It is a word often at the tip of the tongue when a moment feels off the rails or inflected with difference. Flies buzzing at Christmas in Ontario. Desert dunes engulfing Chinese towns in slow motion (Zee 2017). “How surreal,” we murmur as fragments of new normals lunge into view. The patterning of life, death, and their surreal interstices, denoted by the Anthropocene, is not limited to planetary geophysical destabilization.
Rather, toxic textures of our ongoing present that unnervingly whiz by at the periphery of our senses, timespaces that feel both oversaturated and vacated of meaning, and feelings of unending transition are part and parcel of this pervasive alter-ordinary. How can an analytic of the surreal be made more than just a catch-all for residual out-of-place moments and help us to open up the altered states, illogics, and material breakdowns that emerge from ordinary and extraordinary encounters with changing environments?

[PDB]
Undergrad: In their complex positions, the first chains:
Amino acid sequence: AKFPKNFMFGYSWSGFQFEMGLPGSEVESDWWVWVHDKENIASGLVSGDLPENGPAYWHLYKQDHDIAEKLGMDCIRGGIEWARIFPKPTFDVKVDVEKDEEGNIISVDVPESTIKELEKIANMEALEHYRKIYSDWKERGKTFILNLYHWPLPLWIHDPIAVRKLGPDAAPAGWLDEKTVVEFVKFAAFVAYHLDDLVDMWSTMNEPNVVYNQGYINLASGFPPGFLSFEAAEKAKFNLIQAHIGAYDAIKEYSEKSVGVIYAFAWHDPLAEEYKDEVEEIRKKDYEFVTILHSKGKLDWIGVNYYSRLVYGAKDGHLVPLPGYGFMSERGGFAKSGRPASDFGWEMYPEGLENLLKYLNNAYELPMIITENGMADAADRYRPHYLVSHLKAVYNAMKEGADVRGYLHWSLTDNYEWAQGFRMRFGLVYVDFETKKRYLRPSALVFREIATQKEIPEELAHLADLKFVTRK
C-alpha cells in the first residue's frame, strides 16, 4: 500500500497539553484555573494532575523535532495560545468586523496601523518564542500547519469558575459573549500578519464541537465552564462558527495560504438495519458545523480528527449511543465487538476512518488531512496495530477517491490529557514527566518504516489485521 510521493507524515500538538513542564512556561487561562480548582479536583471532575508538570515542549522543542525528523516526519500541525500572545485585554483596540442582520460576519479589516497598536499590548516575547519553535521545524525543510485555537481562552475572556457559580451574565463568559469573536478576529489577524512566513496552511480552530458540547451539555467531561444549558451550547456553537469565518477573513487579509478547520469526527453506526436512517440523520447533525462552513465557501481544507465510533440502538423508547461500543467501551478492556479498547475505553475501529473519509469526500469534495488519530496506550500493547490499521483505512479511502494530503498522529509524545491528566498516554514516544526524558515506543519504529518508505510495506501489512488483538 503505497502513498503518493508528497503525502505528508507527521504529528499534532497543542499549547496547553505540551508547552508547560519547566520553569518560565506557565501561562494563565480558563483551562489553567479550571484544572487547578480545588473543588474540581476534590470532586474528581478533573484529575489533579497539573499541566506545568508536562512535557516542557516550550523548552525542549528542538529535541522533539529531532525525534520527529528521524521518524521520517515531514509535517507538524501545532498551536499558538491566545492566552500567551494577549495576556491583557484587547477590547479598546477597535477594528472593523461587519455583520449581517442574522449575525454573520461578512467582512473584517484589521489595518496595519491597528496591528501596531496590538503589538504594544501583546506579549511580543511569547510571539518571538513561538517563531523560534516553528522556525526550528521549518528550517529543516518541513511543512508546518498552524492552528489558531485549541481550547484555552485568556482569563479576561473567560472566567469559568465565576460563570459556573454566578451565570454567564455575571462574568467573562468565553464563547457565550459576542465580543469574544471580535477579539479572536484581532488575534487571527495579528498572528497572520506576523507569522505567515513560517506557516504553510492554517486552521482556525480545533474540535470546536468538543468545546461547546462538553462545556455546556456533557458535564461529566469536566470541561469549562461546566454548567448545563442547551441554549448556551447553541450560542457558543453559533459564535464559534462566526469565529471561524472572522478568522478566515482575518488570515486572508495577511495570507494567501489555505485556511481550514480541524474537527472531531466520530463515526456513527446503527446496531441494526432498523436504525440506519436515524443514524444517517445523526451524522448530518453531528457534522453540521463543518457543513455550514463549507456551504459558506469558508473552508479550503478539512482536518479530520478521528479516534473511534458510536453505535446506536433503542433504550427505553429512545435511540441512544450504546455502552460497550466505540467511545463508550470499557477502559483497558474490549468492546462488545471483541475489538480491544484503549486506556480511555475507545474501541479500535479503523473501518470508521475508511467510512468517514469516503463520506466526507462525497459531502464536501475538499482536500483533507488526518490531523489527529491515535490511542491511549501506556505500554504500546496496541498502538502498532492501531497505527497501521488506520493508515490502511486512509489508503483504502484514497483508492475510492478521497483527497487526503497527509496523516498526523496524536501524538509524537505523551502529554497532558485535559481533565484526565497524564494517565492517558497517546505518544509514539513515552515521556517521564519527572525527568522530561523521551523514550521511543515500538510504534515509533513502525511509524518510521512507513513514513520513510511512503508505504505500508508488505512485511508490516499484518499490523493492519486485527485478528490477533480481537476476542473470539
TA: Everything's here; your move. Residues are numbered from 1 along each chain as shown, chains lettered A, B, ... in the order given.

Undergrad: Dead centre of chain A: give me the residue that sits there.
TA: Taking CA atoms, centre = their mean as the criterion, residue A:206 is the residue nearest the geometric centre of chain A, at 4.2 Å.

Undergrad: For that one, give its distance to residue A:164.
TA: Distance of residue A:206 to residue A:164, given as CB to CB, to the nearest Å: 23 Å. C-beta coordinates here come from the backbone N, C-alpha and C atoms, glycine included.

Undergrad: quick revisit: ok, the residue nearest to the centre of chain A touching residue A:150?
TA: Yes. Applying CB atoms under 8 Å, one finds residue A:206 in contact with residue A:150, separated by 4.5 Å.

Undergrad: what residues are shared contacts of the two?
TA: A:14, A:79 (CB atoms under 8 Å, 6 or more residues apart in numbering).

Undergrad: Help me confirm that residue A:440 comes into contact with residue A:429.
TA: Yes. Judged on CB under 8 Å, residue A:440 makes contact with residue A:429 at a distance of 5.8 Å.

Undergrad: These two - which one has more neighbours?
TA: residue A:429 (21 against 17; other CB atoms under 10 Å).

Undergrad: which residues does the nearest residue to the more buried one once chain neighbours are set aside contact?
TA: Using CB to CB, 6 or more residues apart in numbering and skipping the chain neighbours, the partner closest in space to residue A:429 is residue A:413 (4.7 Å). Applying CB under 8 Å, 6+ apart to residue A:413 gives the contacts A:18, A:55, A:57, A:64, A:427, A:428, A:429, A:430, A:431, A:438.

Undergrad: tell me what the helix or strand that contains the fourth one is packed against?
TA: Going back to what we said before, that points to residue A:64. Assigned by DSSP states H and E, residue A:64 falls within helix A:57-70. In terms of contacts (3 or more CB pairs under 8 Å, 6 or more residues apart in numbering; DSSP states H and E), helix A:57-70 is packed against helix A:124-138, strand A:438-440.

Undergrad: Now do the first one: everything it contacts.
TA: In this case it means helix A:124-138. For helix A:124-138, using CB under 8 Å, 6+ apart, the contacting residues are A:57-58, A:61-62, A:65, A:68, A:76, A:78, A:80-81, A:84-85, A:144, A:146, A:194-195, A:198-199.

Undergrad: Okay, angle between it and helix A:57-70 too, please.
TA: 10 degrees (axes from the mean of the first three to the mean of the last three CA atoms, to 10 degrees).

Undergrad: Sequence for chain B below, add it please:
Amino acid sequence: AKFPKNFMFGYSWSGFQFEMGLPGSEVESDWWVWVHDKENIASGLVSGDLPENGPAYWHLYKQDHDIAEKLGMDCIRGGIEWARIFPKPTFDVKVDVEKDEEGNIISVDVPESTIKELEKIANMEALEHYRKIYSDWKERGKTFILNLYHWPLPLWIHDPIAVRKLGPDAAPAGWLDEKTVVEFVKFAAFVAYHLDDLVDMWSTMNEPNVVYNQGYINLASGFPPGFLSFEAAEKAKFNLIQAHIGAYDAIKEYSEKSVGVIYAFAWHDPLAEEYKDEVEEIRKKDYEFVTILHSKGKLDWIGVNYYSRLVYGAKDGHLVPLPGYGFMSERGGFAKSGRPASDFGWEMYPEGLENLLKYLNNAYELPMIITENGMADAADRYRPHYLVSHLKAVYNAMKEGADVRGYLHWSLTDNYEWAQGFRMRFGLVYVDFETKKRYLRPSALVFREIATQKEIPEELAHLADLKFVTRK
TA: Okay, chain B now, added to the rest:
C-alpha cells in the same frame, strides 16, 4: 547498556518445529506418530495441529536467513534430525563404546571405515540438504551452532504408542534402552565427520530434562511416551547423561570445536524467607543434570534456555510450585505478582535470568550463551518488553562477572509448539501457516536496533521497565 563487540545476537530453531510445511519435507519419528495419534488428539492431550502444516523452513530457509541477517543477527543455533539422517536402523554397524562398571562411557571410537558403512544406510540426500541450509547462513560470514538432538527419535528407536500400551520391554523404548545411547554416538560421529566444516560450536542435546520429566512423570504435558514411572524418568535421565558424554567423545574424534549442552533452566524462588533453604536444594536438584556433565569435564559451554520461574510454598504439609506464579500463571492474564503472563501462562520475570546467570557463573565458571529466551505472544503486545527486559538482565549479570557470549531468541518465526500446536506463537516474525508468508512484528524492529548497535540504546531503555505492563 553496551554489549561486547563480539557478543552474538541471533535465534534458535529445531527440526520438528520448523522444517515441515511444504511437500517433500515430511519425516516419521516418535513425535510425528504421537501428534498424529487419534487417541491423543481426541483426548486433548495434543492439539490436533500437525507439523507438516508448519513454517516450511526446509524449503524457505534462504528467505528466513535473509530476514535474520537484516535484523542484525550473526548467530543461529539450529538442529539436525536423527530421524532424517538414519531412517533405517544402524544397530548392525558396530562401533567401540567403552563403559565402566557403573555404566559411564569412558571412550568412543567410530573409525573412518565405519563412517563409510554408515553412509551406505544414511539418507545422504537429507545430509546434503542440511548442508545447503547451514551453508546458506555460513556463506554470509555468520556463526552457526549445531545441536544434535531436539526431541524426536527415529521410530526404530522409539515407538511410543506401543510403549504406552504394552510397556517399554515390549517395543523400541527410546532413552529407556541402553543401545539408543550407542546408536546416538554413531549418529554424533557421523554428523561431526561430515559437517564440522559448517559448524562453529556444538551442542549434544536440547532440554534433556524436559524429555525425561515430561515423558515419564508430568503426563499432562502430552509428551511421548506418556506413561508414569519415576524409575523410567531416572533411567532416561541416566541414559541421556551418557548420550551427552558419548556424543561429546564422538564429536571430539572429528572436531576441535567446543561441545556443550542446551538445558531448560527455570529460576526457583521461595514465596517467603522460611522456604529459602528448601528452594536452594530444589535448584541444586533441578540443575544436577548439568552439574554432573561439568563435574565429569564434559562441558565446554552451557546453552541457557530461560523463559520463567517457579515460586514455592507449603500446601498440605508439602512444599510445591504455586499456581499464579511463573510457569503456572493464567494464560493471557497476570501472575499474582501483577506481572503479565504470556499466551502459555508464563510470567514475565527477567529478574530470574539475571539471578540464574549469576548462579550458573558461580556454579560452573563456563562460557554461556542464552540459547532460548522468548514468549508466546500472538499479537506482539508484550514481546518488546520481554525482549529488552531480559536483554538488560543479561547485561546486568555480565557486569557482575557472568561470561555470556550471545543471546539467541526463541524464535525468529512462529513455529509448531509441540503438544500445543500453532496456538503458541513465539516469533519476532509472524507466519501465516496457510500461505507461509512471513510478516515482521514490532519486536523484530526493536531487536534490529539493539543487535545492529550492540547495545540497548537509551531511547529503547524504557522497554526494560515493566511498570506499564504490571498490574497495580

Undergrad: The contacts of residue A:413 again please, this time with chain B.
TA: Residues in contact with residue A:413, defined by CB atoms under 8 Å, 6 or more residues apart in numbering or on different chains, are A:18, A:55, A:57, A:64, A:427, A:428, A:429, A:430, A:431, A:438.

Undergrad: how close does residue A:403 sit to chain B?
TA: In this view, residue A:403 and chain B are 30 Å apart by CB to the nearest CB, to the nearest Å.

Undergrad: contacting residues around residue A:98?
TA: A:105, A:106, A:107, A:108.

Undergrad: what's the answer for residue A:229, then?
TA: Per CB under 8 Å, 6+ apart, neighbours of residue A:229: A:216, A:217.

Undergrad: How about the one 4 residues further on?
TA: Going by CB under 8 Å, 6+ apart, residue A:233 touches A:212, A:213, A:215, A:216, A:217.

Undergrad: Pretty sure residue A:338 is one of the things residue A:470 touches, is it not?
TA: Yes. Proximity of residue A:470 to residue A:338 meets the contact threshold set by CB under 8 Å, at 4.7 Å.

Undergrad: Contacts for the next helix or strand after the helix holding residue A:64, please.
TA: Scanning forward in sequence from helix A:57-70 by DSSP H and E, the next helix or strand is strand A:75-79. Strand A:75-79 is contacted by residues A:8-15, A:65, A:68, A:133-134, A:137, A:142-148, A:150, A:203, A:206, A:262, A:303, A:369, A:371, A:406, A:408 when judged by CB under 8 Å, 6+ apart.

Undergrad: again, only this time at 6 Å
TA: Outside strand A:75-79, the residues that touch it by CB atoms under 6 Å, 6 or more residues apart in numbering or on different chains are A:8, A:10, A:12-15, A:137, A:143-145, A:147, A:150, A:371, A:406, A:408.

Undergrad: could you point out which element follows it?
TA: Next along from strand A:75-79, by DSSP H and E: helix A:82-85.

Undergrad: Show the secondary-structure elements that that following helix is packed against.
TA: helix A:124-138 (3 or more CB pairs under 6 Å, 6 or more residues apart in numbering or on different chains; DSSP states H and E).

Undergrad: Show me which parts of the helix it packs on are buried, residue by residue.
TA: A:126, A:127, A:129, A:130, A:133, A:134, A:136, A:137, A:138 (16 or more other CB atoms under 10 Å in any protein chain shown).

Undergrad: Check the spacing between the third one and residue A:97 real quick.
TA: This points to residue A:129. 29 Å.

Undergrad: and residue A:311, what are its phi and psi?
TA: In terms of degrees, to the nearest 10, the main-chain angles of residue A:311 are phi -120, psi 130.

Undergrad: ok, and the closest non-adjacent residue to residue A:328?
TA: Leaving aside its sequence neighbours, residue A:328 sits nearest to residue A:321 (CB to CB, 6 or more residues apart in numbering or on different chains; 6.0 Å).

The new administration in the United States serves as a reminder that surrealism is an appropriated genre of reality and not an artistically forged one. Its two original figures were the state and the market. Think of the widening expanses between official proclamations of triumph and the experiences of those freshly returned from the trenches of the First World War. Think, too, of the phantasmagorical rearrangements of the world’s things found in the Marché aux Puces flea market in Paris (Clifford 1981, 541). Still, the surreal does not only radiate from the out-of-touch claims of the state or the seemingly spontaneous juxtapositions of the market. Too, the very materiality of our short-circuiting, deteriorating, and chemically off-gassing world contributes to bowing reality into the surreal. One example among innumerable others is the chemical ecologies of low-income housing of the United States, which submerge inhabitants in an everyday in which meaning and matter are left ajar. Even within the home—that imagined bastion of autonomy, the ground-zero of the ordinary—governance, capitalism, and late industrial materiality fashion a state of things that is inflected with otherness.